3 that case management predicted a significant amount of variance in the length of postprimary treatment aftercare, suggesting that this factor may impact the retention rates of African American men. Drugs of Abuse Drug of abuse has also been shown to have a relationship to treatment retention. Veach, Remley, Kippers, and Sorg (2000) in a study of 509 men and women in outpatient treatment found that participants who reported cocaine as the primary drug of abuse had lower rates of treatment retention, while alcohol and other drug abusers had higher rates. Fishman, Reynolds, and Riedel (1999) studied the Smithers Evening Rehabilitation program, a program designed for people to maintain employment during the day (n = 488), and found that cocaine abusers had the highest rates of attrition, while other drug users had the next highest attrition rates, and alcohol users had the lowest drop out rates. In a smaller study (n = 268), McCaul, Svikis, and Moore (2001) found that drug of choice initially predicted retention but was no longer a significant factor when race was controlled. This finding has particular importance, given the higher rates of cocaine use among African Americans entering substance abuse treatment (SAMHSA, 1999a). Coercion Two studies reported that being referred by the criminal justice system or being on probation predicted a lower rate of retention in treatment (Claus & Kindleberger, 2002; Vaughn, Sarrazin, Saleh, & Huber, 2002). Maxwell noted that 40% to 50% of referrals to community-based substance abuse treatment providers come from the criminal justice system (as cited in Farabee, Prendergast, & Anglin, 1998). Farabee et al. (1998) argued that many drug users would not enter treatment at all were it not for the external motivation provided by coercion. Schnoll, Goldstein, Antes, and Rinella (1980) found that participants in their study who came directly from prison to treatment were more likely to complete inpatient treatment than those who did not. This discrepancy in the study results might be explained by differences in the programs being studied and the emphasis placed on internal motivation (Farabee et al., 1998). Marlowe et al. (2001) focused more directly on coercion than any of the aforementioned articles in their study of 100 men and women (52% Caucasian and 35% African American) in methadone maintenance treatment. Marlowe, et al. (2001) measured coercion as a scaled variable as opposed to a nominal one and included coercion from multiple sources, not just criminal justice (i.e., financial, social, and family). The use of a higher level of measurement and a broader conceptualization of coercion make this study more specific than the others. Although all of the coercive variables correlated positively with retention, the findings from this study indicated that legal pressure and pressure from psychiatric or medical service providers was associated with the strongest positive correlations with participants length of stay in treatment. Race and Substance Use Patterns It has been found in several large-scale studies across time that substance use patterns, prevalence, and treatment need and entry differ by race. In examining the differences in retention between Caucasians and African Americans, it is important to recognize all of the possible differences in the drug user as defined by race in order to determine what factors may account for differences in their retention in treatment. Some of the more salient differences in pattern, prevalence, and treatment need and entry include African Americans having a later peak age range of drug use than Caucasians (Gurnack & Johnson, 2002; SAMHSA, 1999a), and resultantly, African Americans are older when entering substance abuse treatment (SAMHSA, 1999b). Another important difference is that smoked cocaine is the most commonly reported substance of abuse by African American people entering substance abuse treatment (SAMHSA, 2004b). Race, Substance Abuse Treatment Outcomes, and Retention In adolescence, African American s have been found to have better outcomes from treatment than their Caucasian counterparts. In an analysis of data on adolescents from Drug and Alcohol Treatment Outcome Study (DATOS), Rounds-Bryant and Staab (2001) sought to identify posttreatment differences by race. They found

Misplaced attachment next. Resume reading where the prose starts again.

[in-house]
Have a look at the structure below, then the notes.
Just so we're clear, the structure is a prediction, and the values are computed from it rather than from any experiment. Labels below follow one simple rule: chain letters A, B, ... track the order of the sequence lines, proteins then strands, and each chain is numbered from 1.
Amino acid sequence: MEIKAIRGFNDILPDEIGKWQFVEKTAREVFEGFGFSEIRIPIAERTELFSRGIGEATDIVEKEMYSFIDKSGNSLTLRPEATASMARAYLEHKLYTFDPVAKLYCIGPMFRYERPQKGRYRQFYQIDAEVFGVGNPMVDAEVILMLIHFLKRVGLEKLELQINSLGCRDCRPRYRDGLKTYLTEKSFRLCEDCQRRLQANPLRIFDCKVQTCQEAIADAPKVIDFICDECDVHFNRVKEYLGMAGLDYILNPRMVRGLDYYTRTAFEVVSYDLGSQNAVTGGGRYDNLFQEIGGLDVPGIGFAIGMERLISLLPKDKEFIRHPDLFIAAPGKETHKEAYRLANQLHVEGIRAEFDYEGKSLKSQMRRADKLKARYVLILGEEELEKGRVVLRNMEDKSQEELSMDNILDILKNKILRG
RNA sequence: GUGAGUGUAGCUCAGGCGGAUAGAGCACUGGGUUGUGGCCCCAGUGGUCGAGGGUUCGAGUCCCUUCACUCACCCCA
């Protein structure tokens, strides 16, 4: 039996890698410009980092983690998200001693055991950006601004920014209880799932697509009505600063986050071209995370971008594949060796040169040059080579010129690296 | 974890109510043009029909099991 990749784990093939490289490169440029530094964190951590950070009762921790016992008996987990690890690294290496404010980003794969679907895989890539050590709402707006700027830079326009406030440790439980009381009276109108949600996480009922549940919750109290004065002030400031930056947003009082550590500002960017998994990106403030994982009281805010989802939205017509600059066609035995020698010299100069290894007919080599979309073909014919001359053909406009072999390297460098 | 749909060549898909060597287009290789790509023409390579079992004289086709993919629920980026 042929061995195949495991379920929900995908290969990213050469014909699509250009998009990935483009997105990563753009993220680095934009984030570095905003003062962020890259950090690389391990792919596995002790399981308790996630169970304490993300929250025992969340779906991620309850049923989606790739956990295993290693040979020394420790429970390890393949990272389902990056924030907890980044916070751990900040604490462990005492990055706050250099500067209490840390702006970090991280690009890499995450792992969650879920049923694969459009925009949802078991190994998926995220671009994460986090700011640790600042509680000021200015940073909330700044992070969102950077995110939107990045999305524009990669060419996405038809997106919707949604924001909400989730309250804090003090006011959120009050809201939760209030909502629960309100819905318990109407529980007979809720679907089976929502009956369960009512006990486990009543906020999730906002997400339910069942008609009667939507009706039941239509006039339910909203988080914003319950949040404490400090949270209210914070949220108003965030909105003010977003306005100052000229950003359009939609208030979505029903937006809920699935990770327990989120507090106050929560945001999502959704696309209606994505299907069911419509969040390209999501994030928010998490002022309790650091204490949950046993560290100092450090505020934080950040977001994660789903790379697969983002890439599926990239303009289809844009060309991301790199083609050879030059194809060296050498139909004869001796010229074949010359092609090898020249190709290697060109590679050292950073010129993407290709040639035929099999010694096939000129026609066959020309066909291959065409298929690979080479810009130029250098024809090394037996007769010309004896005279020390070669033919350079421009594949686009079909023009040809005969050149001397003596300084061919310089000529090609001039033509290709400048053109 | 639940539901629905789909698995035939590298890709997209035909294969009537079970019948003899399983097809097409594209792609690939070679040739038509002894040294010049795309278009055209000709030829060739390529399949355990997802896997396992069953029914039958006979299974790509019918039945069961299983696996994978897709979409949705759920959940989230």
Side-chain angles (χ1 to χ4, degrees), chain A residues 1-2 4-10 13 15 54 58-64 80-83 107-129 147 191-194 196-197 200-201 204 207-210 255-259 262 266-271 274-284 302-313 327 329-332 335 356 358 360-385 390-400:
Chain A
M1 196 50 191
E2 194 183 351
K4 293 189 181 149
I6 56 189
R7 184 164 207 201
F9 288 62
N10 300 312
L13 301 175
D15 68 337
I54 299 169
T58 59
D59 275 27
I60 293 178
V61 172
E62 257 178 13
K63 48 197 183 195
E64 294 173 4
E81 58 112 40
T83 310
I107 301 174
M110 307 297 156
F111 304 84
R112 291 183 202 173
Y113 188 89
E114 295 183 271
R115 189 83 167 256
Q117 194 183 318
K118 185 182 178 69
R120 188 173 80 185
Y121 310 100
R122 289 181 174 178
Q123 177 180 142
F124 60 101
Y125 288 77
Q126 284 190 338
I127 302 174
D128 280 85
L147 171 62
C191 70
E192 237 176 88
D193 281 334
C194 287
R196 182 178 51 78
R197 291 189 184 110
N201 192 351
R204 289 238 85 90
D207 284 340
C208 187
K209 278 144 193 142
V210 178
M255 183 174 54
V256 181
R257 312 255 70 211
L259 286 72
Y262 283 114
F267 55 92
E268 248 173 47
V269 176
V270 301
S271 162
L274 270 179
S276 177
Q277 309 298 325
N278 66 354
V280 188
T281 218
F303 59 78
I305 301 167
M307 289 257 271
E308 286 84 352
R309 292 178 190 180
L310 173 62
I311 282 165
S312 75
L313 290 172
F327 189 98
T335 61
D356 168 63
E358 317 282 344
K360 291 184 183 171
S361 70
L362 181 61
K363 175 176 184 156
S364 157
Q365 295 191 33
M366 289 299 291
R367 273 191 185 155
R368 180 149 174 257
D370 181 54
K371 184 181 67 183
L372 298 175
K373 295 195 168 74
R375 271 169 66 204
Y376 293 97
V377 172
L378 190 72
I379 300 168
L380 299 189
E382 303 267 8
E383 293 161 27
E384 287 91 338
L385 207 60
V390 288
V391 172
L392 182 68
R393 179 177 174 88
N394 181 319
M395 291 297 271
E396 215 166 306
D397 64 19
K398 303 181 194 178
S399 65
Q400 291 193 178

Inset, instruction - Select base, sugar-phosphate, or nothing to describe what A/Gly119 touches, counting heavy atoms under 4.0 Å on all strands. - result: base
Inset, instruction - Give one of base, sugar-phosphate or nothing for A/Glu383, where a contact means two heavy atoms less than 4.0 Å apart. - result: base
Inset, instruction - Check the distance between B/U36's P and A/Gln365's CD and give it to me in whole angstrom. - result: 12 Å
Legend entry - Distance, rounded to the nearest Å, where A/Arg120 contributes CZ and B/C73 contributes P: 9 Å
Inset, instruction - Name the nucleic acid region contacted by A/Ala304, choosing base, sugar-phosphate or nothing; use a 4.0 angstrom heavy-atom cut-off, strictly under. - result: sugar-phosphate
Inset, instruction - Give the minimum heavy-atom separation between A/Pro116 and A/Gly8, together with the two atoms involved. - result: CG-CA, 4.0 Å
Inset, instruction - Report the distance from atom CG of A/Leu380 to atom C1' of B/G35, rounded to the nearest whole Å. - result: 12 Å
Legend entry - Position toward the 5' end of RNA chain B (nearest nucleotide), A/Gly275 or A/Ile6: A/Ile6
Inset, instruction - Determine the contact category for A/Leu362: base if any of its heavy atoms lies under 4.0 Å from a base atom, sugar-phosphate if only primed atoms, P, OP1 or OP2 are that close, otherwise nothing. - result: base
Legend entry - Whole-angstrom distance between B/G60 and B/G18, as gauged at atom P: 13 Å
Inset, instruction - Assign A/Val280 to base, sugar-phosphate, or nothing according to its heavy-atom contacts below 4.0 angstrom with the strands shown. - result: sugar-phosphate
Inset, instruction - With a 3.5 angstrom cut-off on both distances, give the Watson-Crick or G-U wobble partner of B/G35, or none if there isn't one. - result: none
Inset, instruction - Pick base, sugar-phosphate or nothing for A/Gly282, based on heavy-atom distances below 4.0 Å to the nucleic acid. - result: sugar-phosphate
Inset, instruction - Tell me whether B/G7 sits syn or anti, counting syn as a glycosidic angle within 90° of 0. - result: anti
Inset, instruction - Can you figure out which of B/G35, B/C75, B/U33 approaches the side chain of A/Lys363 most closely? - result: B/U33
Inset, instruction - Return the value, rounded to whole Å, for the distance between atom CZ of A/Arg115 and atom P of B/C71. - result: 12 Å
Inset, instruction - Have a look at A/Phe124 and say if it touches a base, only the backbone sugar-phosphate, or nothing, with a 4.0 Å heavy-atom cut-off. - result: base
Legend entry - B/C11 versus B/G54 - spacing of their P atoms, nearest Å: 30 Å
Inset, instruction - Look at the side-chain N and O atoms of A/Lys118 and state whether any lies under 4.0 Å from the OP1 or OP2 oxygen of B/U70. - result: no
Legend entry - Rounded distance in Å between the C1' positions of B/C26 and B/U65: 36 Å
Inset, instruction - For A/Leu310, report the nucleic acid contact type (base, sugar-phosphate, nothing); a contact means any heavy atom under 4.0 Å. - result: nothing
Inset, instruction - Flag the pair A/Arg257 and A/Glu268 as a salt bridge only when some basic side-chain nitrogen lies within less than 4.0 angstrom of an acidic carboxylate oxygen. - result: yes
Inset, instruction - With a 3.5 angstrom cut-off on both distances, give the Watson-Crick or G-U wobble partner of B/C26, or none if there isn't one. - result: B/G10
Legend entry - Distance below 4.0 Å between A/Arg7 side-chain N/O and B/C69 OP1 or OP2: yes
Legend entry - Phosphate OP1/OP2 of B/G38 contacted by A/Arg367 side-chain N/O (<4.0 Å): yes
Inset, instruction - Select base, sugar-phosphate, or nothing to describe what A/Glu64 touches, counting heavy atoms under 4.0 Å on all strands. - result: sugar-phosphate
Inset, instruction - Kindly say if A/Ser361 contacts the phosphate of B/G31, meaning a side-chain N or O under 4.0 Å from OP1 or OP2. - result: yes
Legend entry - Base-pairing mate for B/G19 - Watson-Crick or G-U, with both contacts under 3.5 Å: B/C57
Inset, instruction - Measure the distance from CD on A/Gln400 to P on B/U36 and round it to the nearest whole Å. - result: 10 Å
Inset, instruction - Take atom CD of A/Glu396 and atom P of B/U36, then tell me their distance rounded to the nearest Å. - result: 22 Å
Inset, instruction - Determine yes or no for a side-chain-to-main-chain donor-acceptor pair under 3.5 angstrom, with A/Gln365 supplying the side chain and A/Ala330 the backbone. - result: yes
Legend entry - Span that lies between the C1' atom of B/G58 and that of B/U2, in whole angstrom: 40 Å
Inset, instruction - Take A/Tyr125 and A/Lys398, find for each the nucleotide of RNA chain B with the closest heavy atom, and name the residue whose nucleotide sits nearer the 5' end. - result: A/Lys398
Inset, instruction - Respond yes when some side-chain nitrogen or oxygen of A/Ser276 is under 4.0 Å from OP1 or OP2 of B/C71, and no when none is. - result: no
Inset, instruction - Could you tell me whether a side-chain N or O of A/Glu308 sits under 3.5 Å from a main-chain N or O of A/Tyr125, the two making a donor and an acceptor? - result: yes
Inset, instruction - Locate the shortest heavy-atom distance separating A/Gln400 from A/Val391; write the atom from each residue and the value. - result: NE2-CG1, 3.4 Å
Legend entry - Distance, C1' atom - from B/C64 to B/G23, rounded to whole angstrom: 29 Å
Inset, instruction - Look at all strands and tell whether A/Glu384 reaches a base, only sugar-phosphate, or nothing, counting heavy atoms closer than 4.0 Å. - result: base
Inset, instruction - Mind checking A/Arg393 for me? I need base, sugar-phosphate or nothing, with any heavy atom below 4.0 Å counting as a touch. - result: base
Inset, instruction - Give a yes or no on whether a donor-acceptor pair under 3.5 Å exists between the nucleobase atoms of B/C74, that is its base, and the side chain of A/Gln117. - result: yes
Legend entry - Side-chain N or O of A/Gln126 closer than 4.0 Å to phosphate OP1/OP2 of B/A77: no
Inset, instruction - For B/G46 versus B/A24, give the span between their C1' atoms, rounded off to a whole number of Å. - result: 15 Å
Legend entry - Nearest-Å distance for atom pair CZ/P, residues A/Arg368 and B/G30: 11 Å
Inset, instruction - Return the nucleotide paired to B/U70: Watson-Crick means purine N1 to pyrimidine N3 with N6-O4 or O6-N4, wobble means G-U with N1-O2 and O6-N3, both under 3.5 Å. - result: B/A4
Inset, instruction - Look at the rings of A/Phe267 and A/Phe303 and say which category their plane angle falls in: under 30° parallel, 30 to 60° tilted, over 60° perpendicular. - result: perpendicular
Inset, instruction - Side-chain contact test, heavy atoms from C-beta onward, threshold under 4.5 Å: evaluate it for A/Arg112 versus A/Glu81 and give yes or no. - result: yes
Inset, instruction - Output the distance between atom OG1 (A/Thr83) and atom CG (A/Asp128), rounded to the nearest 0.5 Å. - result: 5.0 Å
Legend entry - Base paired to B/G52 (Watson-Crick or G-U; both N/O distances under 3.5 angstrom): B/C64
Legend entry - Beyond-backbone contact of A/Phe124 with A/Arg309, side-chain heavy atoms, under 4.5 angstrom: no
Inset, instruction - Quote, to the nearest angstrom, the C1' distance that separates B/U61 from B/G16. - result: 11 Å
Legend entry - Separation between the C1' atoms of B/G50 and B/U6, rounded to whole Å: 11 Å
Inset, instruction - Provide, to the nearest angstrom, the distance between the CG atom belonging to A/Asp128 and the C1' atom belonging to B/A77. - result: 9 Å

4 that African American respondents were less likely than their Caucasian counterparts to be involved in serious illegal activity. Other than this posttreatment difference, they found no significant differences. In adulthood, African American s have poorer outcomes from treatment. A second study that considered the relation-ship of race and treatment outcome with three matched groups of 847 adult participants was conducted by Moos, Moos, and Finney (2001). Participants were drawn from the Veterans Affairs national outcomes data and were matched based on baseline problem severity. The authors found that those identifying as African American were 1.58 times more likely to deteriorate posttreatment than their counter parts from other racial groups. With the limited research available, race seems to be associated with outcomes positively for adolescents in terms of their criminal activity, but negatively among adults when considering multiple outcome measures. More research on race and retention exists than on outcomes, but there is still a dearth of information to understand the interaction of these factors. Several studies have found a correlation between race and treatment retention (McCaul et al., 2001; Stack, Cortina, Samples, Zapato, & Arcand, 2000; Veach et al., 2000). McCaul, Svikis, and Moore (2001) in their study of 268 outpatient treatment clients found that race was a significant predictor of time in treatment, and that African Americans were not retained as long as Caucasians. In this study, 51% of respondents were Caucasian and 47% were African American (M. E., McCaul, personal communication, December 12, 2007). Veach et al. (2000) employed an ex post facto analysis of 509 men and women that received services from an outpatient clinic, to examine a number of possible factors on retention. In this study, race was not a significant predictor of retention. The racial make-up of the center under study was 59% Caucasian and 41% African American. Finally, Stack et al. (2000) con-ducted a post hoc analysis of records on 340 veterans (predominately male 92%) in a 120 day inpatient treatment program. The authors found that 71 % of those clients identifying as African American completed treatment compared to only 49% of Caucasian clients. In this study, 66% (225) of the respondents identified as African American. These findings seem to indicate a possible interaction between racial make-up of the sample, the type of treatment, and the retention of persons. In the one study of inpatient treatment, the majority race in the study was retained longer, in this case African Americans. This finding does not hold for outpatient treatment modalities. Research Questions There are limited data on the relationship of client race and treatment outcome and limited research considering retention and race, and no recent articles studying retention in long-term residential treatment, resulting in a need for further research in this area. Given the dearth of research, three exploratory research questions are posed for this project: 1. Do African American men complete treatment at lower rates than Caucasian men? 2. Does race predict time-in-treatment? 3. Are African American men retained in treatment for fewer days than Caucasian men? Method The methodology used in this study was a comparison of two discrete groups (Campbell & Stanley, 1963) defined by race. In this study, only African Americans and Caucasians were represented in the population under study. Data for this study were collected over 3 years from a long-term, residential treatment center for homeless men. The participants were administered the Addiction Severity Index within 5 days of treatment entry, and this was included in the analysis as well as demographic variables, length of stay in treatment,